The sectional glass fused steel tank had perforated and the polyurethane sealant had broken down as a result of the aggressive environment presented by the food waste in the reception tank at the anaerobic digestion plant.
Another contractor had applied a tank lining which had not performed as the client expected and had significantly broken down after 6 months in operation.
This was a challenging tank lining application due to the following requirements given to us by the client;
- Aggressive chemical agents, with a variable pH and acidic elements
- Elevated temperature of up to 65 degrees centigrade
- Up to 14 tons of ring loading applied over panel joints – meaning a flexible solution is required
- Adhering to glass fused steel – a notoriously difficult surface to adhere tank linings to, as exhibited by the poor adhesion of the existing tank lining
The tank lining specification that could resist these conditions was Corrolastic UB, manufactured by Specialty Products Incorporated.
Removing the failed tank lining using high pressure jetting
Initially the existing failed tank lining was removed using our own Ultra High Pressure water jetting unit. The existing lining was approximately 1000 micrometers thick and slightly flexible – a difficult material to remove by abrasive blasting alone. The tearing action of the rotary head of our Ultra High pressure water jetting unit removed the failed tank lining with ease.
The tank had been cleaned by the client prior to handing over to ourselves. However what became apparent during the water jetting works was a large amount of fats and greases still present on the tank walls.
To ensure that these were removed prior to abrasive blasting and ensure excellent adhesion of the new tank lining an additional degreasing regime was introduced using an emulsifying degreaser and hot washer. This also served to remove soluble metal salts and chlorides prior to abrasive blasting.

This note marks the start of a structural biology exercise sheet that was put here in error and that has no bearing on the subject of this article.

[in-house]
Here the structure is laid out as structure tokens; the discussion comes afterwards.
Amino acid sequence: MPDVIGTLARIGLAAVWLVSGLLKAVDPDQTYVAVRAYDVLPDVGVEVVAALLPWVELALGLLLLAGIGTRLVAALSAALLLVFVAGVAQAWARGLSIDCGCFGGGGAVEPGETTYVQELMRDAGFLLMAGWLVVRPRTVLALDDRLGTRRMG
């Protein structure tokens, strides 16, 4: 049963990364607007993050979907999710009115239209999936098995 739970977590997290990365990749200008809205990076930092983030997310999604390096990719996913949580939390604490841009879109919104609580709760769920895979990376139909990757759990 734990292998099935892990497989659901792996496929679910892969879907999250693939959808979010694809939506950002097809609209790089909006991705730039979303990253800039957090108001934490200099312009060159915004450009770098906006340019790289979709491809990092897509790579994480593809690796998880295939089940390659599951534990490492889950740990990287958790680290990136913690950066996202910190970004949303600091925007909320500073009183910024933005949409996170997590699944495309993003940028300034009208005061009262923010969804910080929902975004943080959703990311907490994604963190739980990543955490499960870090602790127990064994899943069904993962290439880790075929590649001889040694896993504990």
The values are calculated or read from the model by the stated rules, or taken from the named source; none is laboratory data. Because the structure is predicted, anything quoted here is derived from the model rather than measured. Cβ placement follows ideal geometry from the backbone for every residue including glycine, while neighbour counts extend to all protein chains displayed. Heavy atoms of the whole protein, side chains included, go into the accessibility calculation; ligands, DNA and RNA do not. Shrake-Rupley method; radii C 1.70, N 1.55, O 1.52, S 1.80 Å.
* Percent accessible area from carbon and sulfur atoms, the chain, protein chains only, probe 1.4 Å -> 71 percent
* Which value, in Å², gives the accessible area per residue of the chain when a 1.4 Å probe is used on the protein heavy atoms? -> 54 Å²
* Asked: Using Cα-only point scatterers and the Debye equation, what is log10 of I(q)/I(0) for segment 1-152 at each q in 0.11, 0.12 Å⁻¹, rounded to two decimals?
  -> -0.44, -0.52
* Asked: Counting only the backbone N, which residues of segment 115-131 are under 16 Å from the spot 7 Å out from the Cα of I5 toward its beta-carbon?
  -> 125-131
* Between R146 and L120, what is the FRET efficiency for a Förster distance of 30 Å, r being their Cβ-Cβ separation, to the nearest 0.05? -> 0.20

The cleanliness of the surface was checked using a black light by one of our two Institute of Corrosion trained paint inspectors.
Abrasive blasting the tank
Once clean the tank internals were prepared by method of abrasive blasting. All exposed steel was prepared to SA2.5 as per ISO8501-1, with a minimum surface profile of 50 micrometers on steel and remaining glass enamel. The surface profile was checked using a surface profile needle gauge.
Following blasting and the clearing of spent media the tank was washed using clean water with the inclusion of an anti-corrosive agent. This served to ensure a spotlessly clean surface for the tank lining to adhere to whilst also preventing flash rusting of the blasted steel. The blast standard was also maintained using dehumidification equipment.
Soluble salt testing
As part of our standard tank lining quality assurance soluble salt tests were conducted to ensure that the levels were below the permitted levels from the tank lining manufacturer.
All bolt heads and seams were detailed using a polyurethane jointing compound to provide a simpler surface to spray apply the new polyurea tank lining to, and isolate these potential points of movement from the tank lining.
The stainless steel termination/overlap areas were primed using Corrolast DSP – our specifically designed epoxy primer for difficult substrates such as stainless steel.
Spray applying the polyurea
Once satisfied with the preparation and priming works Corrolastic UB pure polyurea was spray applied to a thickness of 2.5mm as recommended by Specialty Products Incorporated. This included their AE4 adhesion promoter which allows the material to bond tenaciously to silica containing substrates such as glass enamel without the use of primers.
As part of our standard tank lining quality assurance the lining was checked for porosity using a DC holiday spark tester. Where pin holes were found these were marked, prior to touching in using the same material. This was simplified by the use of SPI’s Ultrabond molecule which allows application of polyurea after the conventional recoat window has been exceeded.